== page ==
Battery technology company Lithium Australia is to form a joint venture (JV) with Mineral Resources (MinRes) after the miner agreed to help progress the Perth-based company’s patented lithium extraction technology by solely funding the development and operation of a $4.5 million (USD 2.94 million) pilot plant. MinRes will also provide the raw materials to feed the extraction process.
Lithium Australia will contribute its patented LieNA lithium extraction technology which it said uses a chemical concentration process rather than the traditional energy intensive roasting process to extract lithium from raw spodumene.
The company, which will manage the pilot plant’s production process, said its technology is underpinned by its ability to recover lithium from fine and low-grade spodumene that is usually dumped as waste, improving mining efficiency, sustainability and potential profitability.
Lithium Australia said its LieNA technology has the potential to enhance lithium extraction yields by up to 50% more than current market performance.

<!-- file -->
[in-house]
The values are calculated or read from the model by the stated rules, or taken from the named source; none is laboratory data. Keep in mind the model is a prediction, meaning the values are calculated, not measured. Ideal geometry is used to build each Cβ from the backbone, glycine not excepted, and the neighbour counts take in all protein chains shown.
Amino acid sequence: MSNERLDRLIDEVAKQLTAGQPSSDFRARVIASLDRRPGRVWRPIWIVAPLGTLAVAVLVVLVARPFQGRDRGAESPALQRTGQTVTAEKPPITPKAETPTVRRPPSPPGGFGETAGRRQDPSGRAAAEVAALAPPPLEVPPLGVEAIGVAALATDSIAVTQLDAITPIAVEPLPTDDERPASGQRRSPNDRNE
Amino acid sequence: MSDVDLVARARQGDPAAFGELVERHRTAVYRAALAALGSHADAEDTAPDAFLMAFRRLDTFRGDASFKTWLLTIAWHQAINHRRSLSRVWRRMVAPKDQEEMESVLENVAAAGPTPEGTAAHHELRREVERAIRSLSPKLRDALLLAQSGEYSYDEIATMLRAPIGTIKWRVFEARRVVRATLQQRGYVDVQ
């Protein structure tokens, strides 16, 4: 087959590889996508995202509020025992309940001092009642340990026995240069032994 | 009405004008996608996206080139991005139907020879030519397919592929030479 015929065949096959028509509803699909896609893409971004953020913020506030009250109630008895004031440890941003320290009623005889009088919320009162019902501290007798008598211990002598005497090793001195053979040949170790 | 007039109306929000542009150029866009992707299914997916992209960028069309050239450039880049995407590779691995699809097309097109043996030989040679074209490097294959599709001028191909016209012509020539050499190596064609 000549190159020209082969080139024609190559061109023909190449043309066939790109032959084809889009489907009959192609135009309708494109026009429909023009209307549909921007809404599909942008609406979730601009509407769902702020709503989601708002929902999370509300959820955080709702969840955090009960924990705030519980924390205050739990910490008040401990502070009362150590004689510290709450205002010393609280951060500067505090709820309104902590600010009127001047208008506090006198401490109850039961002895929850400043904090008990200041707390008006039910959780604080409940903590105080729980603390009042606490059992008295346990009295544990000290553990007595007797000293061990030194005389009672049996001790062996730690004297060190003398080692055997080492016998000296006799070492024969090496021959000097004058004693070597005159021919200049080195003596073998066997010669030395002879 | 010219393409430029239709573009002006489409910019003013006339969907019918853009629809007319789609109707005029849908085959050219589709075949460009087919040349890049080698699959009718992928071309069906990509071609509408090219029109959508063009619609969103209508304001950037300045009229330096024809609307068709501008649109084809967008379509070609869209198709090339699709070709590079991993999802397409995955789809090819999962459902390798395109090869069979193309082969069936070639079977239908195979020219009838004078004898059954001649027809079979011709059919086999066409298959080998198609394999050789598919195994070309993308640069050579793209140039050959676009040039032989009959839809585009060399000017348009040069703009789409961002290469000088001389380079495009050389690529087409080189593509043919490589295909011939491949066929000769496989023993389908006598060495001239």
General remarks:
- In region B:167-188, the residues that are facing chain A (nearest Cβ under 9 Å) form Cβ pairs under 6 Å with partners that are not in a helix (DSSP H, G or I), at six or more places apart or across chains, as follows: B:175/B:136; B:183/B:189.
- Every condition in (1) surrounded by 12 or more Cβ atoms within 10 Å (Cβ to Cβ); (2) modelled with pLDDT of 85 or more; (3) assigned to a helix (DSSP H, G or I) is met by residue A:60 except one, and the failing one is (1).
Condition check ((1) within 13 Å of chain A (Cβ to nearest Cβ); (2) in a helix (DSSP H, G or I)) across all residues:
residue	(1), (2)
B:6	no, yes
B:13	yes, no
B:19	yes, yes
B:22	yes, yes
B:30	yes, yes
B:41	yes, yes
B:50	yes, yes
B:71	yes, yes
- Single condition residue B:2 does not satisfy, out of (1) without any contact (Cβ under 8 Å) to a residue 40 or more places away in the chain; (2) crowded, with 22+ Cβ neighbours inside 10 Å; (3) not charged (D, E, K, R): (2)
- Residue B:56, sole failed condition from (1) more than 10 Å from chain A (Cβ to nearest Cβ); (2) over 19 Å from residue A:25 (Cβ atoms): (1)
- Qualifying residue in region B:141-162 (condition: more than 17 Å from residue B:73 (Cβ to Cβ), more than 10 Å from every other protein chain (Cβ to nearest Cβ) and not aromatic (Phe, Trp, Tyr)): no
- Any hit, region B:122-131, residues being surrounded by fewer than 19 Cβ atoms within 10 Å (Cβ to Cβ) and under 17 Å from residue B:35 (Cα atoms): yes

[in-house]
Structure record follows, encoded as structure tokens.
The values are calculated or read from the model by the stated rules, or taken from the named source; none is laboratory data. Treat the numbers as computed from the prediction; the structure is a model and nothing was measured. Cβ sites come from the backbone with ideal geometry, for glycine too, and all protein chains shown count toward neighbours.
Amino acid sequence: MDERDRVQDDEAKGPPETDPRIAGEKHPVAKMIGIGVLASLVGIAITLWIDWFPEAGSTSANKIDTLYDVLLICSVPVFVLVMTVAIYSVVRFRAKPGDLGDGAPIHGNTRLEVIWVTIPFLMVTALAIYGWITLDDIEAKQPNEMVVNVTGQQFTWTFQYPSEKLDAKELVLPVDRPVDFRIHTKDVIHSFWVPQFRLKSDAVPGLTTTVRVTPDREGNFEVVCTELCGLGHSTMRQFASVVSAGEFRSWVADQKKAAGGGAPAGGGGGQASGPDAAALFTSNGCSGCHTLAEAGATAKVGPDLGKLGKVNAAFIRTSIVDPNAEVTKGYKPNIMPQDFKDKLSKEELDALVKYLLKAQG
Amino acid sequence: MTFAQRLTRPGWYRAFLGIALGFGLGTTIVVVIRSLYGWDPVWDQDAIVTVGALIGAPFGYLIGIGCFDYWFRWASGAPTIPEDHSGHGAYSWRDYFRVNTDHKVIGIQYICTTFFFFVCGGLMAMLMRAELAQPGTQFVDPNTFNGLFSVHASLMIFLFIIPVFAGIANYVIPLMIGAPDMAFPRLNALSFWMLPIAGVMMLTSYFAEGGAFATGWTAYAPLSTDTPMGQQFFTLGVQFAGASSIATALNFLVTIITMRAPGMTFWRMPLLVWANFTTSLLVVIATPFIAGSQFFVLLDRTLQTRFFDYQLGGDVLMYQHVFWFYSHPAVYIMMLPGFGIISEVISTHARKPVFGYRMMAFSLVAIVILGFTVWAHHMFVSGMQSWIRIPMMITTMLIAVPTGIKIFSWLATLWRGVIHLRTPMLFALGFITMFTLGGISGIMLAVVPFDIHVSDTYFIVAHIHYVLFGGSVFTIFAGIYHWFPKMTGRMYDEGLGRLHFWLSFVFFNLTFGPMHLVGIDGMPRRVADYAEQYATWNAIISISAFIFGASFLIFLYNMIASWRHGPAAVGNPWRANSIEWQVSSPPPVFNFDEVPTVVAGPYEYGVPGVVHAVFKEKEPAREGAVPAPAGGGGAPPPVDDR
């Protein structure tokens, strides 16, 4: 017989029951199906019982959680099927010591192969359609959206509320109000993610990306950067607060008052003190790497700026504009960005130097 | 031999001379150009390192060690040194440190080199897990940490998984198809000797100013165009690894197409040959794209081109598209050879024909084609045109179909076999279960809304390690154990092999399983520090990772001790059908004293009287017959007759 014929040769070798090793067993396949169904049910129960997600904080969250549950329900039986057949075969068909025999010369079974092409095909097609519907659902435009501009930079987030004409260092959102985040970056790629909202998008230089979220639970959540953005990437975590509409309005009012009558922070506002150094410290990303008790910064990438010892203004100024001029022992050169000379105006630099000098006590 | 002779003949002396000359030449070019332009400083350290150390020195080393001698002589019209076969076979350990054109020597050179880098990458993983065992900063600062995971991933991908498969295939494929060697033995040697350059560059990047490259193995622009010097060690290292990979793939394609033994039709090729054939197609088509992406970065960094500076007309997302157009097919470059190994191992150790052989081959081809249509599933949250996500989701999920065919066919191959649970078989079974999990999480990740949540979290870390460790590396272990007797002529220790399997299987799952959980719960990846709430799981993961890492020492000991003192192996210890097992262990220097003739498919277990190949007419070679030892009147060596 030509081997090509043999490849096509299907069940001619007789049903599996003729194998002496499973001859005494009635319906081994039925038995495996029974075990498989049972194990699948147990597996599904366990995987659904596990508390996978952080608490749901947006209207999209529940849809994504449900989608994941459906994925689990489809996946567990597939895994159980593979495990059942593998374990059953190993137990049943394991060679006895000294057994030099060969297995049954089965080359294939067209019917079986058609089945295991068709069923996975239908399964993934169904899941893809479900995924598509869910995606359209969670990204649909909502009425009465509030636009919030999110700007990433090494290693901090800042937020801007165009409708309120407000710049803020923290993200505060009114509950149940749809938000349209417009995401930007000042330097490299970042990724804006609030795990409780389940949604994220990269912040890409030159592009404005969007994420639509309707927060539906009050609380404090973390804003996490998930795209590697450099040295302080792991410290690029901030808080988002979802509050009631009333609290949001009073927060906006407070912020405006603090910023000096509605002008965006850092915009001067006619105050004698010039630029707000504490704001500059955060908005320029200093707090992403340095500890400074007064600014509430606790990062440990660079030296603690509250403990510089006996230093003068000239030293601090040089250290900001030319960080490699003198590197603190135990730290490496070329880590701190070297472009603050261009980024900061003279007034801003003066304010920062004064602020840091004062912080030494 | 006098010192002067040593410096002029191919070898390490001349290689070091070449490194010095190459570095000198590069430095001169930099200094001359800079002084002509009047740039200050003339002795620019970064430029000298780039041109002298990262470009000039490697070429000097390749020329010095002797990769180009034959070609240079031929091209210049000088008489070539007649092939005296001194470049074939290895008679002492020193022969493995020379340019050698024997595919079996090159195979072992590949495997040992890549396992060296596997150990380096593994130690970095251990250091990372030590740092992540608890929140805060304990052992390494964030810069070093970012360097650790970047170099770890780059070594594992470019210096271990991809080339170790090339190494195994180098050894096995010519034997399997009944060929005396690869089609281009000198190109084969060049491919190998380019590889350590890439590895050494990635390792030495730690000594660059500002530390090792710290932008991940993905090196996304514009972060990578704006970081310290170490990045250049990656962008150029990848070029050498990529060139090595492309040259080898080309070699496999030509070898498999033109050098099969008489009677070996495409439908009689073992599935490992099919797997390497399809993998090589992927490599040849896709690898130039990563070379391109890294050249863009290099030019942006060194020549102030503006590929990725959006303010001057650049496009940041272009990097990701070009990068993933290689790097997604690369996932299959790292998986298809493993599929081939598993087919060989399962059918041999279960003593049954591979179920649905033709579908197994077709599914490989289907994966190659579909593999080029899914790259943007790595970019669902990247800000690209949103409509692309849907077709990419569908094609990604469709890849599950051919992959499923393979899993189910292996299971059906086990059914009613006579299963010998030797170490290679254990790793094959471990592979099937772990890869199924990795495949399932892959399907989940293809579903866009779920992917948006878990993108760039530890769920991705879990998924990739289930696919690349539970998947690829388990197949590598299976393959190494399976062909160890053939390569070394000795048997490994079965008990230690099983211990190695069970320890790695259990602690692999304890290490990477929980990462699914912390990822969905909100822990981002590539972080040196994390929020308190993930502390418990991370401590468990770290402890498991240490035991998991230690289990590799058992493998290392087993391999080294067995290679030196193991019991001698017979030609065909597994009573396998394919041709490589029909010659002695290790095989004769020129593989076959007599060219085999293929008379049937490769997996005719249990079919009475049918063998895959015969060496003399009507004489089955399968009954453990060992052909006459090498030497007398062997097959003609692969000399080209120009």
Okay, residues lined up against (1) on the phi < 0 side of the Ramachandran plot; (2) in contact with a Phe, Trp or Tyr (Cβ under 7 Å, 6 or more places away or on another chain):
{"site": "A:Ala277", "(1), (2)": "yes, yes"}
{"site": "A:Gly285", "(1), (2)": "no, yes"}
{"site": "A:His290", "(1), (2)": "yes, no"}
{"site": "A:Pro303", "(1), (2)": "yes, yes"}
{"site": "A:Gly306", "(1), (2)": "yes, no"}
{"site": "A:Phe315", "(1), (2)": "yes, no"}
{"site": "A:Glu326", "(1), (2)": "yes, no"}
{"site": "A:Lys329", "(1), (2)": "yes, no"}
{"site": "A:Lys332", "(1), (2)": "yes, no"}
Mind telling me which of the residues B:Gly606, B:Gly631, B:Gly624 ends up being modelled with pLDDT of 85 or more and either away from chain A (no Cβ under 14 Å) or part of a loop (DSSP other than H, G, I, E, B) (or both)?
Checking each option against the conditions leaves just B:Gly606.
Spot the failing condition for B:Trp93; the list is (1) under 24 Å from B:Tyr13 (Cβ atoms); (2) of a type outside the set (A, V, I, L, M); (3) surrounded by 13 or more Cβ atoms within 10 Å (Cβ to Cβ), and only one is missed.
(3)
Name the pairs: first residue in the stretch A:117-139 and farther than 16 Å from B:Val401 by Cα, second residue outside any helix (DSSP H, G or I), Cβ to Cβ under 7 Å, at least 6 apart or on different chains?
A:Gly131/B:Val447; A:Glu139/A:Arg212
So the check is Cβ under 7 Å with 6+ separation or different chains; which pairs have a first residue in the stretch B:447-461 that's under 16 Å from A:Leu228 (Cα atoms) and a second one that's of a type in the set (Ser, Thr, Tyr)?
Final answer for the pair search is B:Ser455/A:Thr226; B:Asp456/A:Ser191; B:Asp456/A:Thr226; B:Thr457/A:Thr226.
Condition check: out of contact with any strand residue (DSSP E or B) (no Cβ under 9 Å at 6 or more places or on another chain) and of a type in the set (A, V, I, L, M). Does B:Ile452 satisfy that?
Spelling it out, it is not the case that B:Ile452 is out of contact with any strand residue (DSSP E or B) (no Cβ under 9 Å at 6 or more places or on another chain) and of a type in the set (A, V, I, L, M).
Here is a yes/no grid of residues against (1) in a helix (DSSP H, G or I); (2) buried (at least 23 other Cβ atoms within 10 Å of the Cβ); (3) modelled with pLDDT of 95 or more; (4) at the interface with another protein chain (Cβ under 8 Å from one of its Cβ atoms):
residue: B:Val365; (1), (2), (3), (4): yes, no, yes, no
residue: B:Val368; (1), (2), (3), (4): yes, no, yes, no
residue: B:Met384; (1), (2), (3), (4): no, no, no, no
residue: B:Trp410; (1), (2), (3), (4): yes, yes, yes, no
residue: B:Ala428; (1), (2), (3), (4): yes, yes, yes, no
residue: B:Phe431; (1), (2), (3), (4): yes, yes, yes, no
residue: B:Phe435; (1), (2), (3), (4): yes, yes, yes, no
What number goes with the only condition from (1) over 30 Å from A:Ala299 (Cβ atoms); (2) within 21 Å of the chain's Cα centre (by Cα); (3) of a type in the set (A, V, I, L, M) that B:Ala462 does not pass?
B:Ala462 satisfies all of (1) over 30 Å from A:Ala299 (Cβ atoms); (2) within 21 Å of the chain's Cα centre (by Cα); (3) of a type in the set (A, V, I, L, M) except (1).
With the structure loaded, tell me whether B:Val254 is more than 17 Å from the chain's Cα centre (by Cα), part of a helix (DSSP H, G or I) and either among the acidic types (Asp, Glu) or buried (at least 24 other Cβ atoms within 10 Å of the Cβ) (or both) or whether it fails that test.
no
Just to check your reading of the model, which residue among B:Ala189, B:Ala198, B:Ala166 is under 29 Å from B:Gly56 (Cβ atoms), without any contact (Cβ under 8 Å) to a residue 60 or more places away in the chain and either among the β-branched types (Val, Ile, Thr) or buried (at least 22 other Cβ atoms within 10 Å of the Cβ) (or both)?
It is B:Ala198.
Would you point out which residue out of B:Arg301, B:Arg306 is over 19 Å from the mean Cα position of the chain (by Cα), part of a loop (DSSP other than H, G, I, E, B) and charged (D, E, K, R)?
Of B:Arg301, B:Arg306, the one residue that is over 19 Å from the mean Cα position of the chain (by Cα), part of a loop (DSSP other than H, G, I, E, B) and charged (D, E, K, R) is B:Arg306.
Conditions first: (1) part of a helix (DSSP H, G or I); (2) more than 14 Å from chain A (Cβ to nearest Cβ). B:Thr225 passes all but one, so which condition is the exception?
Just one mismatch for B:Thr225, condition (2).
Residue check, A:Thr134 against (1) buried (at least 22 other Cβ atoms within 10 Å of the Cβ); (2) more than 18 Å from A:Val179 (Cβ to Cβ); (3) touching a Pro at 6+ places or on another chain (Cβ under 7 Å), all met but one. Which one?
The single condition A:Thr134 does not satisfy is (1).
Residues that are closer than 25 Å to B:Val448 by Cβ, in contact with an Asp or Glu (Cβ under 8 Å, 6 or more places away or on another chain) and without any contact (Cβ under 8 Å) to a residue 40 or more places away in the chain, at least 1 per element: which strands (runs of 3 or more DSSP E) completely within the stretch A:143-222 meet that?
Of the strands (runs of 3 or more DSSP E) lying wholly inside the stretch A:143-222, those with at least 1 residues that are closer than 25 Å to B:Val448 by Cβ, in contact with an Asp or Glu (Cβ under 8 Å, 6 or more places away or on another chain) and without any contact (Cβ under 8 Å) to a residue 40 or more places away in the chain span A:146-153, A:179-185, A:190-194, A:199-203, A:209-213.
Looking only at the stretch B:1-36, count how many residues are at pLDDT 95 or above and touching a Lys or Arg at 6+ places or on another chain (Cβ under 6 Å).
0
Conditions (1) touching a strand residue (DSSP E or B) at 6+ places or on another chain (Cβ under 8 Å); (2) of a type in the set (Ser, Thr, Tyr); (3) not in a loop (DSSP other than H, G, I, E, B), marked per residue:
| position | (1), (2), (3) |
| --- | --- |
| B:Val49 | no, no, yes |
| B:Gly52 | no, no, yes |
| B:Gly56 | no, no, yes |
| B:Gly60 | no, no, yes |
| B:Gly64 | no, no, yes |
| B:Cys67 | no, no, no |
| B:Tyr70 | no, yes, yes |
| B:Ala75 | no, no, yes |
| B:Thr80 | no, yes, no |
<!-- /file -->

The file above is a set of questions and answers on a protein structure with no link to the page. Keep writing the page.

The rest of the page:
Lithium Australia Chief Executive Officer Simon Linge said the agreement with MinRes serves as a “powerful validation” of the company’s technology.
“We are excited by the future opportunity to licence our proven high-value technology to all existing and new lithium mines across Australia and the rest of the world,” he said.
On successful completion of the pilot plant operations and engineering study, Lithium Australia and MinRes will form a 50:50 JV that will own and commercialise the LieNA technology.
The JV will initially license the LieNA technology to a larger demonstration plant which MinRes can elect to independently fund, develop, and operate. The larger plant will aim to extract lithium salt at a commercial scale under the licence.
The JV also plans to license the LieNA technology to third-parties with early target jurisdictions including Western Australia and North America, with potential for expansion into Europe and Africa.
MinRes is the second Australian lithium miner moving to add value along the processing supply chain after Pilbara Minerals and Australian technology company Calix last week announced plans to build a trial plant at the miner’s Pilgangoora project in Western Australia.
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